Some Ki Hyeong Do (기형도) poems are about the agony he felt grappling with the world and his direction in life. Advice From A Bus Stop (정거장에서의 충고) is one such work. It is about the struggles going on in his mind over his chosen path in life, the constantly nagging suspicion that he is not good, and that the whole literature and poetry that has been his passion might be futile and meaningless, in a language that is direct and honest. It comes off like an anguish that consumes his whole being, a struggle verging on a pathology, and mysterious as well since we do not know the cause of it.
Advice From A Bus Stop
* The paragraph arrangement is mine. The original work is in single contiguous block of text.
Advice From A Bus Stop (정거장에서의 충고) is an anguished existential outcry. The poet looks back at his life and feels a debilitating doubt about what he thought was his calling, his poems and other writings. It really tugs at the reader’s heart as he puts the doubts and regrets in such blunt and honest terms. The reader may also be dumbfounded since it is not at all clear what exactly is at the heart of all this anguish. After all, Ki was publishing poems through some major literary publications, already gaining a small recognition, which may not have been much but a promising start anyway. His reporter job with the Joongang Daily News, one of the four largest newspapers in Korea, was a respectable professions to say the least. So, looking at it with an object eye, it seems he had little reason to be anguished about himself.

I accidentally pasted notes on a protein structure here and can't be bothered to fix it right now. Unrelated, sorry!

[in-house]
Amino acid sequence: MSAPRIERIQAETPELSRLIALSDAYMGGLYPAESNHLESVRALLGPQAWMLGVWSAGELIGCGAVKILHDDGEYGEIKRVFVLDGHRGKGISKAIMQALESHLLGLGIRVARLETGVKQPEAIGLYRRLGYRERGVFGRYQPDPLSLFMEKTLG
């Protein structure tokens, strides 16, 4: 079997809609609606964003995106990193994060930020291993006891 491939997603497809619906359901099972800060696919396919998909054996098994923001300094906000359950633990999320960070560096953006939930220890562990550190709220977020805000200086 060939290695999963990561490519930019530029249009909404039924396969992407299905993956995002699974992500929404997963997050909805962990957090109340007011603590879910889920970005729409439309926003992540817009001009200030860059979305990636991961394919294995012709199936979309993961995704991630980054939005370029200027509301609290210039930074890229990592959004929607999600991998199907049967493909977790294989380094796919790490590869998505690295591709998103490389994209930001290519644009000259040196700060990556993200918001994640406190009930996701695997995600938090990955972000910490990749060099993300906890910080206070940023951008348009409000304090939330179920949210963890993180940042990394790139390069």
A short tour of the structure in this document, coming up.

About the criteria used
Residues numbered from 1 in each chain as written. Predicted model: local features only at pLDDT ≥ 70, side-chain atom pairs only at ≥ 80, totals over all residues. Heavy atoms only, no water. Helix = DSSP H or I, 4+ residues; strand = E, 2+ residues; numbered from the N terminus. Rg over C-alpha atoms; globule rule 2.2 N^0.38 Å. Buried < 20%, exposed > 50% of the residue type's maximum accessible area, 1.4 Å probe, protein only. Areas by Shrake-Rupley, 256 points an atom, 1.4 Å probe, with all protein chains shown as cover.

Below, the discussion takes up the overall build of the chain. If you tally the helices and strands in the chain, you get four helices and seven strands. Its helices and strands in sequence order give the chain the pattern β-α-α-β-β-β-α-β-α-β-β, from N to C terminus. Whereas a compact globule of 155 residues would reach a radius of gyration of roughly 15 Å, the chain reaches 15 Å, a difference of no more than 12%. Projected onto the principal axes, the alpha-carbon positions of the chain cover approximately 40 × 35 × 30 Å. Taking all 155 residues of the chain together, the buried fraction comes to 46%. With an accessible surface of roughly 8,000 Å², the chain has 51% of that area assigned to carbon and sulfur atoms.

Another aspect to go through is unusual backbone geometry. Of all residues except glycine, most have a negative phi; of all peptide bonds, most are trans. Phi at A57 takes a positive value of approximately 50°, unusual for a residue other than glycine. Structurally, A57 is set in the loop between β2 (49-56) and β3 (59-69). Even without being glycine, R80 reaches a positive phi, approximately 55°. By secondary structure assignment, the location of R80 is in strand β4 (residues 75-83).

The poem opens with an irony and sarcasm, that he is sorry to sing about hope, as if hope is a preposterous concept for him. He then mentions the water drops, a metaphor for art and literature which is what he has set his mind on for the rest of his life. While the water is dripping, black clouds gather and things get bleak in the second paragraph. The dogs that lay about here and there, symbolizing his own self before he got onto the path of literary work, his mundane self so to speak, is unhappy about his situation. He is overwhelmed with a regret: how did I end up leaving home, which sounds like a regret about having taken on literature as a life’s calling. The dogs, his mundane self, still half drunk of old memories, are about to revolt and bite his hard hand out of their despair.
In the third paragraph, he poses a desperate question. He calls his career as a poet a slow road to death, asking At how slow a pace have people perished, and how many leaves have crammed into that dark and narrow entranceway, which may be interpreted as how many misguided souls have crammed into this meaningless entranceway called literature. He disdains the whole history of literature, that it has endlessly forked off, ending up creating a tongue that is hard like a weapon now. He is calling literature, his passion and profession, a process of slow death that is meaninglessly perpetuating itself to create a weapon-like tongue.